Will Interstate Compacts Change the Stadium Subsidies Game?

With the Super Bowl behind us, football fans are already looking ahead to the 2020 season, and they’re not the only ones thinking about the future of the NFL. More specifically, speculation about where and how new stadiums will be built is in full swing, particularly in the Washington, DC area.

Even back in December, the Washington Post reported that Washington Redskins owner Daniel Snyder was working with Congress to secure a deal for a new football stadium, and local lawmakers have started signaling their reluctance to engage in a bidding war for the team.

Virginia Delegate Michael Webert introduced legislation proposing an “interstate compact” between Virginia, Maryland, and DC, which would essentially bar all three localities from providing incentives to host a new Redskins stadium. Maryland Delegate David Moon and DC Councilmember David Grosso have both indicated support for something similar.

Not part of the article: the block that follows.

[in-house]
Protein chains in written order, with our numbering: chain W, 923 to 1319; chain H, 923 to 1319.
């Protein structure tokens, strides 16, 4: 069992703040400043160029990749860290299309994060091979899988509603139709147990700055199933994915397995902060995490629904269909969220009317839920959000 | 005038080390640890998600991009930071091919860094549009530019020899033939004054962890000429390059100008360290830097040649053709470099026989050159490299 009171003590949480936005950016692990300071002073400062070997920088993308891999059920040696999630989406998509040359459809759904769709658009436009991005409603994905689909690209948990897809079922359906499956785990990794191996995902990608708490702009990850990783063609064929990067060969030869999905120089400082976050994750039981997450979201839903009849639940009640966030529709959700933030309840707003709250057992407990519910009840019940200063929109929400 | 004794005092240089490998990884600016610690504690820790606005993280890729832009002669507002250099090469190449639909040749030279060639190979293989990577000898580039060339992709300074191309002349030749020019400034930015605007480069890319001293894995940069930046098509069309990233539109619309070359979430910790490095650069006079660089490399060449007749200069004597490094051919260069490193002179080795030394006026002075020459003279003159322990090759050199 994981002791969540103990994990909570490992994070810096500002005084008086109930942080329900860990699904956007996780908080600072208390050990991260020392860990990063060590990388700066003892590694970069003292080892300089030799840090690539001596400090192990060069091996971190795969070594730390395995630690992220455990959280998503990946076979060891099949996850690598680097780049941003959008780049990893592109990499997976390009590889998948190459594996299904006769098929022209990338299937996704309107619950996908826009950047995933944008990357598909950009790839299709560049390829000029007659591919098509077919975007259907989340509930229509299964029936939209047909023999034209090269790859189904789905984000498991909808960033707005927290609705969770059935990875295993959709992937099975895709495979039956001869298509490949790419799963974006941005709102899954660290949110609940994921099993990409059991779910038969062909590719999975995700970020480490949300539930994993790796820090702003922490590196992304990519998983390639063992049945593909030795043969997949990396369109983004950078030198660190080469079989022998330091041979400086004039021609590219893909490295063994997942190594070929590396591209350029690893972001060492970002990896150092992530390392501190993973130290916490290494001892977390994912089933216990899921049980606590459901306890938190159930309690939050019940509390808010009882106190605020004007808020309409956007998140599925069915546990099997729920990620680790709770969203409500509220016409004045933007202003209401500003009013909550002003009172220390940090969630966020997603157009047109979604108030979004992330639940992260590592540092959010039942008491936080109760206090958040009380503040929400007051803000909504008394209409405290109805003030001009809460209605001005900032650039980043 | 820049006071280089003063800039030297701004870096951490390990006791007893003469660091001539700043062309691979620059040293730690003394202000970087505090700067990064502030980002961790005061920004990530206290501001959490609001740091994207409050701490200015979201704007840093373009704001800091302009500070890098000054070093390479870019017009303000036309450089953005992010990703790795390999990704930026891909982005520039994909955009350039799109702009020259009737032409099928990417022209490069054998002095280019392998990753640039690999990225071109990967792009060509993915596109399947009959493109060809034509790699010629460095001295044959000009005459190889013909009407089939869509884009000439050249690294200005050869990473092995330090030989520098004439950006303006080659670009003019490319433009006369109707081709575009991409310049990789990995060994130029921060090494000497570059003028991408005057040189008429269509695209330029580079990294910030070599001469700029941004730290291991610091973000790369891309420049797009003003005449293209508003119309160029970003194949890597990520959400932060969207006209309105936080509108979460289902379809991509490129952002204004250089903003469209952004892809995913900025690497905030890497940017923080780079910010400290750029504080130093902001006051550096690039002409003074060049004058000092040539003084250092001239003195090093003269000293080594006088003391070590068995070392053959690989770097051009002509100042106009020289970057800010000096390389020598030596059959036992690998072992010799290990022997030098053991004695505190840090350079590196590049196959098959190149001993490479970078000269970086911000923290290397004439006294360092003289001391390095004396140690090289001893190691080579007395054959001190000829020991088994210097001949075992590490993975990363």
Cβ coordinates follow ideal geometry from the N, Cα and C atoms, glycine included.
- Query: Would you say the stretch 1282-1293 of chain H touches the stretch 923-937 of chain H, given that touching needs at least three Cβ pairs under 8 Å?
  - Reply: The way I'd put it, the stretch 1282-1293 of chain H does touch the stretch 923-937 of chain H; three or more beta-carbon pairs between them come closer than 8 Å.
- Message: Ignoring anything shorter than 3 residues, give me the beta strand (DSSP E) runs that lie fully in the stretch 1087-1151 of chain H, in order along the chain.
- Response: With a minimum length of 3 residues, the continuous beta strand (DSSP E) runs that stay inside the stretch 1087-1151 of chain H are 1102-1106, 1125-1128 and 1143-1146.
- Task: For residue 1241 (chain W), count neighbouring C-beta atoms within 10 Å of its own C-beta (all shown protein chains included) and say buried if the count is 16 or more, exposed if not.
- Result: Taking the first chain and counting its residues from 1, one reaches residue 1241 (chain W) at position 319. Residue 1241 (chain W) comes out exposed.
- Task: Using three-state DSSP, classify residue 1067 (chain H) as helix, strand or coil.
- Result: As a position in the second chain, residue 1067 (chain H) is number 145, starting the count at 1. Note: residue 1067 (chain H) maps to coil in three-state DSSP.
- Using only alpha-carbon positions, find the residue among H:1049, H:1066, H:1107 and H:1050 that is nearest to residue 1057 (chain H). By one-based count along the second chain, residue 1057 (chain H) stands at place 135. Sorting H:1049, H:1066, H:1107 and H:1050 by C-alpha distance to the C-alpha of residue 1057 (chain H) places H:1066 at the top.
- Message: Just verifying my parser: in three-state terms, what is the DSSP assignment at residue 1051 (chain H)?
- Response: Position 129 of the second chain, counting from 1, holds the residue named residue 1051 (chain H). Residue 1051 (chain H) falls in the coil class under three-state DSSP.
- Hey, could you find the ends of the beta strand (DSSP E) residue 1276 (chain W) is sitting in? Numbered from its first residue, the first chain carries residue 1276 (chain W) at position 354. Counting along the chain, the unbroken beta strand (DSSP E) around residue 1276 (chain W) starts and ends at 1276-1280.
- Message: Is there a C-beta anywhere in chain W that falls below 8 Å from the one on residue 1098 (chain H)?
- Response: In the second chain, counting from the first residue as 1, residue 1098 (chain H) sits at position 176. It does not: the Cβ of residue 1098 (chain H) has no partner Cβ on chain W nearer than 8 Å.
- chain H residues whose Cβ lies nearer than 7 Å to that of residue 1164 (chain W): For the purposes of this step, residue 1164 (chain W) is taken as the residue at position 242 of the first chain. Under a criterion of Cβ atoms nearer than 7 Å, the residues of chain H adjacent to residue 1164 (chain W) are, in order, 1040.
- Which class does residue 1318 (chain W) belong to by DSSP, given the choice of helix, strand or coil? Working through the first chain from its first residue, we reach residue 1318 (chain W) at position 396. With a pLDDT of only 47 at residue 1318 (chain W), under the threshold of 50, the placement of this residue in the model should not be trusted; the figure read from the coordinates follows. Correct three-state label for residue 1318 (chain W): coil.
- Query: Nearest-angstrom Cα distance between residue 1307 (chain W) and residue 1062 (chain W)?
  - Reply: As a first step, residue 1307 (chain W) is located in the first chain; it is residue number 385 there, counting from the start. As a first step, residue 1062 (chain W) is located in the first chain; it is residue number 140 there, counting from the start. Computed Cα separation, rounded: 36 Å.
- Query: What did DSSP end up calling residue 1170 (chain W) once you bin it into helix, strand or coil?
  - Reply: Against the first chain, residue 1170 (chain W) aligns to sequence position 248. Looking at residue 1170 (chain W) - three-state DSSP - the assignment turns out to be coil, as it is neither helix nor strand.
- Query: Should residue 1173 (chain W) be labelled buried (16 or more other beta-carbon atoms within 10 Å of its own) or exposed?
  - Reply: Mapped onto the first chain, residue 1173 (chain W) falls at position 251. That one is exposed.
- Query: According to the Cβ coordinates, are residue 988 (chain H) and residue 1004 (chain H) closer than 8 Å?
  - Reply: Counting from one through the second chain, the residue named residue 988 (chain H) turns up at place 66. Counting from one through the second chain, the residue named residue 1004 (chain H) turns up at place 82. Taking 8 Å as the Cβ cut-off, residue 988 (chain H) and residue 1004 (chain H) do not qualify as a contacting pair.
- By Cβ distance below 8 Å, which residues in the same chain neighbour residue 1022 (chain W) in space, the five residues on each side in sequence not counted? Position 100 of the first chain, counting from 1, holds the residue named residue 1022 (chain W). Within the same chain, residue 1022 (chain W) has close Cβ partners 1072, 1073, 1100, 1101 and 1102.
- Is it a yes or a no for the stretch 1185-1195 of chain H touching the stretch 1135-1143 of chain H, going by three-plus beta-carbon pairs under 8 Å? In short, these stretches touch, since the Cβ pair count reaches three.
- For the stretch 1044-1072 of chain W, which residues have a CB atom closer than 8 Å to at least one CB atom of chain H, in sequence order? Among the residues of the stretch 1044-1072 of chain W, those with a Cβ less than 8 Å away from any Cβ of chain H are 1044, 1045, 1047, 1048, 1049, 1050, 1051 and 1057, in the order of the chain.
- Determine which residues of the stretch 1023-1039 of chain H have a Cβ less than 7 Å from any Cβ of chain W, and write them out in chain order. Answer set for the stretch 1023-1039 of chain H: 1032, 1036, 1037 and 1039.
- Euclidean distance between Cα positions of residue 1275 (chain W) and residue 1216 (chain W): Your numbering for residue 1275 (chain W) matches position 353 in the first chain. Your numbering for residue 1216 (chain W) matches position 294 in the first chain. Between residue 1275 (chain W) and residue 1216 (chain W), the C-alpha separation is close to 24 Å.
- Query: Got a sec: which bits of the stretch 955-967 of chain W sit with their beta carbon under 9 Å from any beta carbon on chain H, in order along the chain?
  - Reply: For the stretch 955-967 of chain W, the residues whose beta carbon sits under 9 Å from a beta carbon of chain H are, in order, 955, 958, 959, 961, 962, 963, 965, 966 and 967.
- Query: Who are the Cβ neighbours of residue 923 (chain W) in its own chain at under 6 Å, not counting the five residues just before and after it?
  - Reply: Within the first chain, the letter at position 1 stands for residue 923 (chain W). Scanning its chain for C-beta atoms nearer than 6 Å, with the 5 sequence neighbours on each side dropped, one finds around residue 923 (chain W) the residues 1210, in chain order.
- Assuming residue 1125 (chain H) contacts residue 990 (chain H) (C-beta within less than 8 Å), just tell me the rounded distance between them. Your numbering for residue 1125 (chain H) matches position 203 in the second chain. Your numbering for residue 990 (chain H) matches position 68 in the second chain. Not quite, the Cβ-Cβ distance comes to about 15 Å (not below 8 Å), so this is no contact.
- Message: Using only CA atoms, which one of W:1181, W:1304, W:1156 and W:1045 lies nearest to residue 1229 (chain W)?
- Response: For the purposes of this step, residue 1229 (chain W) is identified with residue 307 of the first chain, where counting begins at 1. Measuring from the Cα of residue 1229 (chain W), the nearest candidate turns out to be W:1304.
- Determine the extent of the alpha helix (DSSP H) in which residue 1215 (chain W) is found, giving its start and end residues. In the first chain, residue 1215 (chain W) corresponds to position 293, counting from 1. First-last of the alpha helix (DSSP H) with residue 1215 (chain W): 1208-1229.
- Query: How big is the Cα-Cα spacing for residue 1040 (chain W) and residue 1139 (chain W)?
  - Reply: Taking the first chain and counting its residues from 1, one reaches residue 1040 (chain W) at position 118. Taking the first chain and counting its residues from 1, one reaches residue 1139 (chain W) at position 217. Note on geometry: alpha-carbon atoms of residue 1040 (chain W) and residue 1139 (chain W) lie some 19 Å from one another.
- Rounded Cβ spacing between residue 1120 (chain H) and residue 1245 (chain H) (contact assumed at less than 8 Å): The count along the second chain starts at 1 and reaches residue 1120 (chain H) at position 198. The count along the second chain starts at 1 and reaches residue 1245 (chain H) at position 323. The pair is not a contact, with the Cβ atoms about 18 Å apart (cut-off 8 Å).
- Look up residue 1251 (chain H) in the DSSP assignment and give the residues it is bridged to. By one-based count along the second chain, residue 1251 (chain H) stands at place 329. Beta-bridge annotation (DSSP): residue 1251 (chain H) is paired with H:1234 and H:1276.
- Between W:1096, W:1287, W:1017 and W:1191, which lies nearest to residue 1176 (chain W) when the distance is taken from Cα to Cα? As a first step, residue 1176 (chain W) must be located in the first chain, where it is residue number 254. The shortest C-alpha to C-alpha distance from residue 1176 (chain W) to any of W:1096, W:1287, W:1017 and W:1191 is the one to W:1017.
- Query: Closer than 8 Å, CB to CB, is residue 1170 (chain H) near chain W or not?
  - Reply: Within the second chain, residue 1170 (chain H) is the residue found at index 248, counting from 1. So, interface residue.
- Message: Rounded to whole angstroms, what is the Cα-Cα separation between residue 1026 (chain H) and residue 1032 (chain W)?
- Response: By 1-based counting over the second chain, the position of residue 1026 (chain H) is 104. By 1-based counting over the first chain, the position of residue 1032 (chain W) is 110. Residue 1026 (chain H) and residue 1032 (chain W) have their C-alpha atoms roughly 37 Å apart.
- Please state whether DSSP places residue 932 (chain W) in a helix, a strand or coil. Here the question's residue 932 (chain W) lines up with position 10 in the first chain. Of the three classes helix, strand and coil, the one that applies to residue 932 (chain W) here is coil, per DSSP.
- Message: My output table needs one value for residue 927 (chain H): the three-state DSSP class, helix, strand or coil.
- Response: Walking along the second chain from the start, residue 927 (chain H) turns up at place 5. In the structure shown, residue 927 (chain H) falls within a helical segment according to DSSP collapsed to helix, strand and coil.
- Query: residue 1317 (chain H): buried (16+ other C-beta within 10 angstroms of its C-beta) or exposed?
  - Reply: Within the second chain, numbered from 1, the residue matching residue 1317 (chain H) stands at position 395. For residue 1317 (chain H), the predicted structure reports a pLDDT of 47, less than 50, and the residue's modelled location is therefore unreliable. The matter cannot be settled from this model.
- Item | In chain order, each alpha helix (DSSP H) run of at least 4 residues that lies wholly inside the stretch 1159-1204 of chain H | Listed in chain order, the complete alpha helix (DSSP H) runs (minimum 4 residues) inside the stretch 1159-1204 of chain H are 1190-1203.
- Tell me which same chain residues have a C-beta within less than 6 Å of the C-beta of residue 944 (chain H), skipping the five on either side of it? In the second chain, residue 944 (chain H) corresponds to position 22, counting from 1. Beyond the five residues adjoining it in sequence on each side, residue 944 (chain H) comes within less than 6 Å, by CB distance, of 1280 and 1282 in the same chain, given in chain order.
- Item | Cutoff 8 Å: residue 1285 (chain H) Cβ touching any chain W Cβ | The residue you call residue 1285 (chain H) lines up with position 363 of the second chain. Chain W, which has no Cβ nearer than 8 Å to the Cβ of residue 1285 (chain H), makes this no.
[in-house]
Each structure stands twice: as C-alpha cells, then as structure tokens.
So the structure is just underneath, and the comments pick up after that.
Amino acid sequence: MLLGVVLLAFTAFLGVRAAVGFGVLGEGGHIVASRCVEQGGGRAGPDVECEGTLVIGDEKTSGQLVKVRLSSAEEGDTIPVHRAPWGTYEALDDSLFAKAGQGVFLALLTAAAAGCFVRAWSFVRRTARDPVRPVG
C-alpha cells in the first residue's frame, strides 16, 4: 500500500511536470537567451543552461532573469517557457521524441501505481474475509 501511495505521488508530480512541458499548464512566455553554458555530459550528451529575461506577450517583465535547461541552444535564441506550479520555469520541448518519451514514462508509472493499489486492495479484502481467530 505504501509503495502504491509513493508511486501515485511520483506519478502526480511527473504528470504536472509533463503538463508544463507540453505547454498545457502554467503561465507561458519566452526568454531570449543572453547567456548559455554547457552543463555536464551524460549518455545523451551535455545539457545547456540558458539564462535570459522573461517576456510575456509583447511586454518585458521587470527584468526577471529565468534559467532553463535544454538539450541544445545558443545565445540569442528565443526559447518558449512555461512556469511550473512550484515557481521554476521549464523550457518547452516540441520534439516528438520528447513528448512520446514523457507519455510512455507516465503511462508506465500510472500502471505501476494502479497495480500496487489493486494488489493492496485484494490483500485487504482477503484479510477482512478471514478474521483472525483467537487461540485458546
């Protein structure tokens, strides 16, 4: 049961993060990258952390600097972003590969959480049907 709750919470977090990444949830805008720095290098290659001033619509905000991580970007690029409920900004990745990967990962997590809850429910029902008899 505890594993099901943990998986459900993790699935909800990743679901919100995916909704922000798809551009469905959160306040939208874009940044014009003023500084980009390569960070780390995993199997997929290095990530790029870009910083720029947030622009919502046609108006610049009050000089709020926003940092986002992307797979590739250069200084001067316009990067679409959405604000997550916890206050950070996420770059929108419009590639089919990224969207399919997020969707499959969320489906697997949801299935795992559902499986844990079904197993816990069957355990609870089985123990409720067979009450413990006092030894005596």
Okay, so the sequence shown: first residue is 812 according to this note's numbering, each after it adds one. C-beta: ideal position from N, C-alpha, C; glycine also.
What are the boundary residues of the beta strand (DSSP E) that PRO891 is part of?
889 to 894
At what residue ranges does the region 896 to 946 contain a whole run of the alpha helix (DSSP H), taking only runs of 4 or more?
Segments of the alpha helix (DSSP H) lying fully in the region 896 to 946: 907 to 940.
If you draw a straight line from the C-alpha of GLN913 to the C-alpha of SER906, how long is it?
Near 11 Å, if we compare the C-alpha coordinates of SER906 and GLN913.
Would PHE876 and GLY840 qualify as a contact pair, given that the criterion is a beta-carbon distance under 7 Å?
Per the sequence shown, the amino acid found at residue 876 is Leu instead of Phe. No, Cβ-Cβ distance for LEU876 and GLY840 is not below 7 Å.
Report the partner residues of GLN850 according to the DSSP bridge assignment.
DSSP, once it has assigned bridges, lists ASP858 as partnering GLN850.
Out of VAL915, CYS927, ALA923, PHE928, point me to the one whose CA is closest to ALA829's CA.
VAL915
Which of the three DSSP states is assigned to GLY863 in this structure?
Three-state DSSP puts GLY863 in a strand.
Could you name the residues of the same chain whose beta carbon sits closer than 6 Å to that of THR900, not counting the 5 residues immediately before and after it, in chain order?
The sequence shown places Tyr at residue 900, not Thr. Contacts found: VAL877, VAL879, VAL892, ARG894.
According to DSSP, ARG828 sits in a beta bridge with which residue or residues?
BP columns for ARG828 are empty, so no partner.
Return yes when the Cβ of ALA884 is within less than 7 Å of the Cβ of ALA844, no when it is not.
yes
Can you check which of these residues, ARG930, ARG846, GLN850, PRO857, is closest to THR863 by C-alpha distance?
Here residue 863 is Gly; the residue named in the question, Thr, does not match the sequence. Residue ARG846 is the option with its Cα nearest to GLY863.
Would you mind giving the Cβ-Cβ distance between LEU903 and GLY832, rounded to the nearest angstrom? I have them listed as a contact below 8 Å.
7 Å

So today, we’re talking about the Redskins stadium, how an interstate compact might affect it, and what all this means for other sports stadium deals.

  • First, we're joined by the Washington Post’s Liz Clarke. Liz has two decades as a sportswriter for the Post under her belt, including eight seasons with the Redskins
  • Next up, we welcome back Michael D. Farren. Michael’s been on the show before to talk stadium subsidies, and his research covers a range of issues at play here including government favoritism and economic development
  • Finally, we have Matthew Mitchell on the phone. Matt is one of our research directors here at Mercatus, where he focuses on public choice economics and the economics of government favoritism

Questions, comments, episode ideas? Email Chad at [email protected] or follow him on Twitter @ChadMReese.

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Today's What's on Tap beverage is Long Black Veil brought to you by Port City Brewing in Alexandria, VA.

Photo credit: Michael Vallejo/Flickr